Square 3

Jordan Bankston Noble (ca. 1800 – 1890) was born into slavery and marched into the Battle of New Orleans in 1815 as a drummer boy, signaling Andrew Jackson’s orders to his troops. Noble’s valor earned him special standing among people of color in the city, where he continued to drum in ceremonial processions into the 1880s, prefiguring the black parading practices of the jazz age.

Walter Gabriel “Fats” Pichon (1906 – 1967) was playing piano in A.J. Piron’s jazz band by age 14. At 18, George Gershwin heard him and supported his formal training on the East Coast. Pichon went on to play on riverboats up and down the Mississippi. He also wrote arrangements and sang on records with the likes of King Oliver. Locally he’s best remembered as the house pianist at the Old Absinthe House on Bourbon Street in the 1940s and 50s, where he was known as the Fat Man (before Mr. Domino made the nickname his own).

Isidore “Tuts” Washington (1907 – 1984) was a barrelhouse piano prodigy who grew up playing in Black Storyville. As a soloist in the days before jukeboxes, he provided the soundtrack at the saloons and sporting houses on South Rampart Street (where a young Professor Longhair studied his technique). He was also welcomed into some of the city’s top jazz bands. In the 40s he and the great Smiley Lewis joined forces in a blues trio, and in the 50s he played with Papa Celestin on Bourbon Street. He gigged into his 70s as an elder statesman of the New Orleans piano tradition, dying on stage at the 1984 World’s Fair in the Warehouse District.

About North Claiborne Avenue

Built over a drained swamp, North Claiborne Avenue began to take shape in the mid-1800s, with a canal running down its center flanked by rows of trees (which is why it’s nearly 200 feet wide).

Around 1900, in the formative years of jazz, the surrounding neighborhoods—Treme and the Seventh Ward—were home to African-Americans, Creoles of color, and working-class families of various European backgrounds.

Segregation intensified toward mid-century, with the new Lafitte public housing development admitting black families only. Under Jim Crow, an array of black-owned businesses took root on North Claiborne, catering to those who were denied service elsewhere.

By this time the drainage canal was filled in and live oak branches created a canopy overhead, making the Claiborne neutral ground (median) an ideal promenade for black residents’ parading traditions: Social Aid and Pleasure Clubs, Mardi Gras Indians, Baby Dolls, and Skeleton Gangs all attracted crowds here.

In 1966, over the protests of residents, public officials chose to uproot the oaks and build an elevated expressway above North Claiborne. As in other cities, the interstate paved the way for white flight to the suburbs.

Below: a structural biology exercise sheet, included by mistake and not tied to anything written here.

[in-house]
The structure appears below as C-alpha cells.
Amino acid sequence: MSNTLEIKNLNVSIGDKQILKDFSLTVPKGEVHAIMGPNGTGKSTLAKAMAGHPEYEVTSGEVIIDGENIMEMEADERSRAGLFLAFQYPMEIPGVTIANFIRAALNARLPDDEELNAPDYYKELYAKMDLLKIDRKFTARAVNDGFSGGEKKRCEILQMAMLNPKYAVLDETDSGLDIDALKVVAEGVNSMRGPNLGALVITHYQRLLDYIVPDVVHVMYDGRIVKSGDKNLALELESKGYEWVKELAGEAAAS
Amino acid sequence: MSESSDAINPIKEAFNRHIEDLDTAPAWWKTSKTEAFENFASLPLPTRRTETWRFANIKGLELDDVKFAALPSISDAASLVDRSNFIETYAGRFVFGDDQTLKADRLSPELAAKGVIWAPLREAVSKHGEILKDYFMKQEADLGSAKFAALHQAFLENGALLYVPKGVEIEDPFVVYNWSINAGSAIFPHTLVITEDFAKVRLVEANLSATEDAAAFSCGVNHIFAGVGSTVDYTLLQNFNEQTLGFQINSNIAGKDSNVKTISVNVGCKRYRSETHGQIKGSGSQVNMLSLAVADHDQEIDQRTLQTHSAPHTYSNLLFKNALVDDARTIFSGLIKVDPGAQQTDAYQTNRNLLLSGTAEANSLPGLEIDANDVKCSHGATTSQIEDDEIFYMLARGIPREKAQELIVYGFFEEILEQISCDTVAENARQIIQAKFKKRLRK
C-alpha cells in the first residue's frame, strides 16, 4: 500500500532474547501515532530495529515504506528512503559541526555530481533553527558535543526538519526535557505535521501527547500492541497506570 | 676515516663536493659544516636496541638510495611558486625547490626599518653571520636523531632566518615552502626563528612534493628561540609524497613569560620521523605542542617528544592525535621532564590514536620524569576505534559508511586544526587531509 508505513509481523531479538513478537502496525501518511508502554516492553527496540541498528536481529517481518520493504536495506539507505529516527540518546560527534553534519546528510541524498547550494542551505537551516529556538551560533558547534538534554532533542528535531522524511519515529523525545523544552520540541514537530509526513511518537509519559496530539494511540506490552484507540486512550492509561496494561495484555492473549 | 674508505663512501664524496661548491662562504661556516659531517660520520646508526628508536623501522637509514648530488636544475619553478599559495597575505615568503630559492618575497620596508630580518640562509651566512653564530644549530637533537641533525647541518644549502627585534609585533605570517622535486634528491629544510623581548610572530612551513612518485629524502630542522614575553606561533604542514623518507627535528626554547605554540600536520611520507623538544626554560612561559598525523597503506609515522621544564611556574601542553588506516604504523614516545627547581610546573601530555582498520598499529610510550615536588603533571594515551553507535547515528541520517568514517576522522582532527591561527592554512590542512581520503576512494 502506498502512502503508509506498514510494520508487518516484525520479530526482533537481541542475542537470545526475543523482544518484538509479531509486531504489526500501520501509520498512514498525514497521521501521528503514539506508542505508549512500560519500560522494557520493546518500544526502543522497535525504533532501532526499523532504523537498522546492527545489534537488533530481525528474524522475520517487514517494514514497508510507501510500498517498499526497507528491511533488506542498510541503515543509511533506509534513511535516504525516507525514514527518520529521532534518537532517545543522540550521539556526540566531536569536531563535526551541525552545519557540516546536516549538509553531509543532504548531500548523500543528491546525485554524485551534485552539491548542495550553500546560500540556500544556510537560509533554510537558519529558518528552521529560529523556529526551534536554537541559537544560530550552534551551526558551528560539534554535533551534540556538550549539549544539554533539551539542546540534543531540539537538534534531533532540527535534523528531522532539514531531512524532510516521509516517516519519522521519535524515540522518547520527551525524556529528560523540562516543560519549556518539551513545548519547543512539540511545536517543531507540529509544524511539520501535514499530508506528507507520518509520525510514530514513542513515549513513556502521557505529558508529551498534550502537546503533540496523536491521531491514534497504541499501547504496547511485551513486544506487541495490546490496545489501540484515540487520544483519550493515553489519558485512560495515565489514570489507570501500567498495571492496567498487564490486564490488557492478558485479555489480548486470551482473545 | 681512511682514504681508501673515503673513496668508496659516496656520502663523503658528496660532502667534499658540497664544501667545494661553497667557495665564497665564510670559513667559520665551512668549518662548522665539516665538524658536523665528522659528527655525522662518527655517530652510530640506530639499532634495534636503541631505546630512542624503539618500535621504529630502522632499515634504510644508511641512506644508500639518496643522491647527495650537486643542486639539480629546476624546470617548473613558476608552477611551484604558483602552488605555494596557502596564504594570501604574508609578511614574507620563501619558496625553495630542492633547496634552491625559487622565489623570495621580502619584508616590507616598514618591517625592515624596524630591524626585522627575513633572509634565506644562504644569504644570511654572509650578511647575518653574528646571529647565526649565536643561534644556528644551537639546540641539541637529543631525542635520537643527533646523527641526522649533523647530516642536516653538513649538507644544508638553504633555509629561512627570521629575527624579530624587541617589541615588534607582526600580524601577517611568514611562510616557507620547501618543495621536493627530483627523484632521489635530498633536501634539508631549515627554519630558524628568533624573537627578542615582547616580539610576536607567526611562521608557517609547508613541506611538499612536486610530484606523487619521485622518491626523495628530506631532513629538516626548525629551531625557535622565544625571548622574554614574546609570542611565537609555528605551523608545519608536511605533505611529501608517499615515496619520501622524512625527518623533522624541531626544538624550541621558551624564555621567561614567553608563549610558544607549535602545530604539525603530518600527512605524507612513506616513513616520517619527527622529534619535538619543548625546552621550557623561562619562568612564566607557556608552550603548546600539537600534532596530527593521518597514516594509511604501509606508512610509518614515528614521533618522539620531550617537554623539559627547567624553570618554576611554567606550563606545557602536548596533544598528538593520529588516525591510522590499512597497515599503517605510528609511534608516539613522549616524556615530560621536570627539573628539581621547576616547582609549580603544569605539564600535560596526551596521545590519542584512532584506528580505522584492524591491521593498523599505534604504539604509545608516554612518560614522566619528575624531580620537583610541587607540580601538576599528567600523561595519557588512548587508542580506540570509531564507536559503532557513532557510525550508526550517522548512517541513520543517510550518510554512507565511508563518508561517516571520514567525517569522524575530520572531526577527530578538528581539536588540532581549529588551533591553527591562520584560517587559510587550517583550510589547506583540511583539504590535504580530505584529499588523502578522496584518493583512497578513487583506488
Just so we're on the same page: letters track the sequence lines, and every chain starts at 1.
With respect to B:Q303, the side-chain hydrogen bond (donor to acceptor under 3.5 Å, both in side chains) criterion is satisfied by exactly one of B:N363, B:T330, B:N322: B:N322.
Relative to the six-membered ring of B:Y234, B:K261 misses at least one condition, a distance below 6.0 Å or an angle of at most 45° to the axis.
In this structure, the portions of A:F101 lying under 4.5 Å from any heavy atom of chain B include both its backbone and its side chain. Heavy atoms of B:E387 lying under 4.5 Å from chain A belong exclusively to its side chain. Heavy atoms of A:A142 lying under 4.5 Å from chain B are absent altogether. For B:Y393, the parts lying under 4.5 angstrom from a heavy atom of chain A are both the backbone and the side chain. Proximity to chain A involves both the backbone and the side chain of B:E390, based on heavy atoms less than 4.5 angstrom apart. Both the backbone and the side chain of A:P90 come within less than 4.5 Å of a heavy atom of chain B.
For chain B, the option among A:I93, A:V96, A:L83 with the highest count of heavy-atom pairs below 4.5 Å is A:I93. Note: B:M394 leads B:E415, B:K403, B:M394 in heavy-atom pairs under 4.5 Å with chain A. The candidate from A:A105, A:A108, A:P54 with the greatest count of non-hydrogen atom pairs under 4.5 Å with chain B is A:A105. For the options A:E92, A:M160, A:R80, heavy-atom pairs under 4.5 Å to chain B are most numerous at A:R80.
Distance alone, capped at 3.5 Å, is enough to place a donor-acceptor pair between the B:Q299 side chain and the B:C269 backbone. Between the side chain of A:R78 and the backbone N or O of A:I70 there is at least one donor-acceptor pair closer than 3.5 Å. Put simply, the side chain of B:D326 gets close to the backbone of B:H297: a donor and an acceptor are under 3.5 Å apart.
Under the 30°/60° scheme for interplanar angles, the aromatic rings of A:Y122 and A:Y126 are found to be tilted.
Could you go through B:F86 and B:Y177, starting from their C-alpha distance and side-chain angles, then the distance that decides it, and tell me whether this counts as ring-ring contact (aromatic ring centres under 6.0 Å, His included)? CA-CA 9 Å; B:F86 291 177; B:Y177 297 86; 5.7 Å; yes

A community of artists maintained the cultural vitality of the Claiborne corridor despite the ensuing divestment. Then, in 2005, the flood following Hurricane Katrina devastated the area. An uneven recovery followed, with many former residents unable to resettle in their neighborhoods.

Nevertheless, Social Aid and Pleasure Clubs, Mardi Gras Indians, and their followers still throng their traditional parade routes along North Claiborne, with brass bands and percussionists using the acoustics of the overpass to amplify their sound.

Though some post-Katrina plans proposed removing the overpass, today the city is trying to revitalize the space beneath it. Ironically, some now see it as a bulwark against the wave of gentrification that has displaced black households from sections of Treme and the Seventh Ward closer to the river.

As part of the revitalization effort, in 2018 local artist Ceaux Young painted murals of local musicians on the underside of the bridge. “It’s hard to control the space you don’t own,” he told OffBeat. “My main job is to protect that footprint.”

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Videos

The jazz funeral of drummer Paul Barbarin in 1969. The procession followed the newly opened Claiborne overpass to Square 2 of St. Louis Cemetery No. 2.

Rare footage of drummer Paul Barbarin leading his band in "My Bucket's Got A Hole In It."

An appreciation of Danny Barker's musicianship, from WWOZ's Tricentennial Music Moments.

Earl King performing "Those Lonely, Lonely Nights," his biggest hit, with Dr. John on piano.

Ernie K-Doe and band perform "T'aint It the Truth" at Winnie's in New Orleans in 1982, shot by Alan Lomax and crew.

An interview with Mother-in-Law Lounge founder Antoinette K-Doe from 2008, three years after Hurricane Katrina.

From WYES, a short look at Jordan B. Noble, who drummed in the Battle of New Orleans and in the streets of the city for decades afterward.